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Novel strategies for mammalian cardiac repair

Periodic Reporting for period 1 - CardHeal (Novel strategies for mammalian cardiac repair)

Reporting period: 2018-06-01 to 2019-11-30

The field of cardiac regeneration is in the midst of an exciting period. Recent ground-breaking studies by my team and others demonstrated that latent regeneration machinery can be awakened even in adult mammals. We identified two, apparently different, molecular mechanisms for augmenting cardiac regeneration in adult mice. The first requires transient activation of ErbB2 signalling in cardiomyocytes and the second involves extracellular matrix proteoglycan agrin. Impressively, both mechanisms promote a major regenerative response that enhances cardiac repair. These discoveries and other studies from my lab have positioned me as a leader in the field. Armed with extensive experience in developmental, cell and molecular approaches in vitro and in vivo, we seek in CardHeal to use the two powerful regenerative models we established to obtain a holistic view of cardiac regeneration and repair mechanisms in mammals (mice and pigs). Our second goal is to develop preclinical and translational approaches for novel therapeutic treatment for heart disease.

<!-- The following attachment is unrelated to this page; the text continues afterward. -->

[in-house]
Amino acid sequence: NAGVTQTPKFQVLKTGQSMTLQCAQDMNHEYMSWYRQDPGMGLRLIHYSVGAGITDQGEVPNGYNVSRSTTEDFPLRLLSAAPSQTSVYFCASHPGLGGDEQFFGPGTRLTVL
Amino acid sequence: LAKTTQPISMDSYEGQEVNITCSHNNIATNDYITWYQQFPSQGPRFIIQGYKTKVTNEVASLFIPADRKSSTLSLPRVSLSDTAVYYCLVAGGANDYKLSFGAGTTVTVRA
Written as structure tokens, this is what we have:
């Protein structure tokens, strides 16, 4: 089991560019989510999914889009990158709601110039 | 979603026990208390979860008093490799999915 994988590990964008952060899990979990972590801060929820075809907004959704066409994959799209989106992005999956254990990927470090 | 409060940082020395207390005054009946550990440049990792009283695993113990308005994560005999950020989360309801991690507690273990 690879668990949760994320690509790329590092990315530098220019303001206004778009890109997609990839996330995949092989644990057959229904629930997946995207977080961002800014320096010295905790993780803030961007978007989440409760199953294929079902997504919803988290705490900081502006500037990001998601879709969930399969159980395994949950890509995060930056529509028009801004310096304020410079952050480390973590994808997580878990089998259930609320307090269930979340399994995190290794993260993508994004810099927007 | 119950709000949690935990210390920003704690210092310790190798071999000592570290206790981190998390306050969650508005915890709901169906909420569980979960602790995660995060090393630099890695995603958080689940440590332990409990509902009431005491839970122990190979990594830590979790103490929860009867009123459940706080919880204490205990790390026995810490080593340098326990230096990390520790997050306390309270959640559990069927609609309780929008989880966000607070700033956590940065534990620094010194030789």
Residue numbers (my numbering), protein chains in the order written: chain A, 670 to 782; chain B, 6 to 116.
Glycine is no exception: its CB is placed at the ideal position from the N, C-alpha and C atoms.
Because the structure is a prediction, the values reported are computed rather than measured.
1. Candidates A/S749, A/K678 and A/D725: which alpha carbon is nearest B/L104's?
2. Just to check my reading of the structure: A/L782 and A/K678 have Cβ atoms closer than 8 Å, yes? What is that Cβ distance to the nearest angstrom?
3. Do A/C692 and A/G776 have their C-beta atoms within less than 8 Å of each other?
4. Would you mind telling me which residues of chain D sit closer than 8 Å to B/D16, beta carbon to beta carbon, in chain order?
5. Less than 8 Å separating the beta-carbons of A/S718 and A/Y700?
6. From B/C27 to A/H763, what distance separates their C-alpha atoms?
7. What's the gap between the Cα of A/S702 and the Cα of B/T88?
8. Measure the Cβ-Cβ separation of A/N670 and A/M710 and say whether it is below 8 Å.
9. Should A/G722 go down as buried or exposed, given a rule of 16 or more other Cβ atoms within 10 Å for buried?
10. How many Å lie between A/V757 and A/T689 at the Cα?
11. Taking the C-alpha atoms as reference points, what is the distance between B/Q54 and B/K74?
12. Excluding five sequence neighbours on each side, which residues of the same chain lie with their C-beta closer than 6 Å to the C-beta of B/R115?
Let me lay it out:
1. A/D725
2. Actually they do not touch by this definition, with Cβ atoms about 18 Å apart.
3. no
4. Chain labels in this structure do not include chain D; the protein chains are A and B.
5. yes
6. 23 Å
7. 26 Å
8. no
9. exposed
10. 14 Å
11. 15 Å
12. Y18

In Aim 1, we will explore the molecular mechanisms underlying ErbB2-mediated cardiomyocyte dedifferentiation and proliferation followed by new vessels formation, scar resolution and functional cardiac repair. Specific objectives include characterising ErbB2-Yap/Hippo signalling during cardiac regeneration; studying transient ErbB2 activation in a chronic heart failure model; investigating an ErbB2- induced regenerative EMT-like process; and characterising cardiomyocyte re-differentiation.
In Aim 2, we will investigate the therapeutic effects of agrin, whose administration into injured hearts of mice and pigs elicits a significant regenerative response. Specific objectives include studying matrix-related cardiac regenerative cues, focusing on the role of agrin in modulating the immune response after injury, angiogenesis, and matrix remodelling; developing a preclinical, large animal model to study agrin efficacy for cardiac repair; and, more globally, testing the role of agrin in skeletal muscle regeneration.
Interrogating the differences and similarities between our two regenerative models should give us a detailed roadmap for cardiac regenerative medicine by providing deeper knowledge of the regenerative process in the heart and developing novel targets for cardiac repair in human patients.
Current projects related to the ERC are summarized below:
1. ErbB2 alters cardiomyocyte mechanic state and Yap activation, resulting in EMT-like regenerative processes in the heart
Alla Aharonov, Avraham Shakked, Kfir Baruch Umansky, Alon Savidor , David Kain, Daria Lendengolts, Or-Yam Revach, Yuka Morikawa, Jiuli Zhou, Jixin Dong, Yishai Levin, Benjamin Geiger, James F. Martin and Eldad Tzahor
• In preparation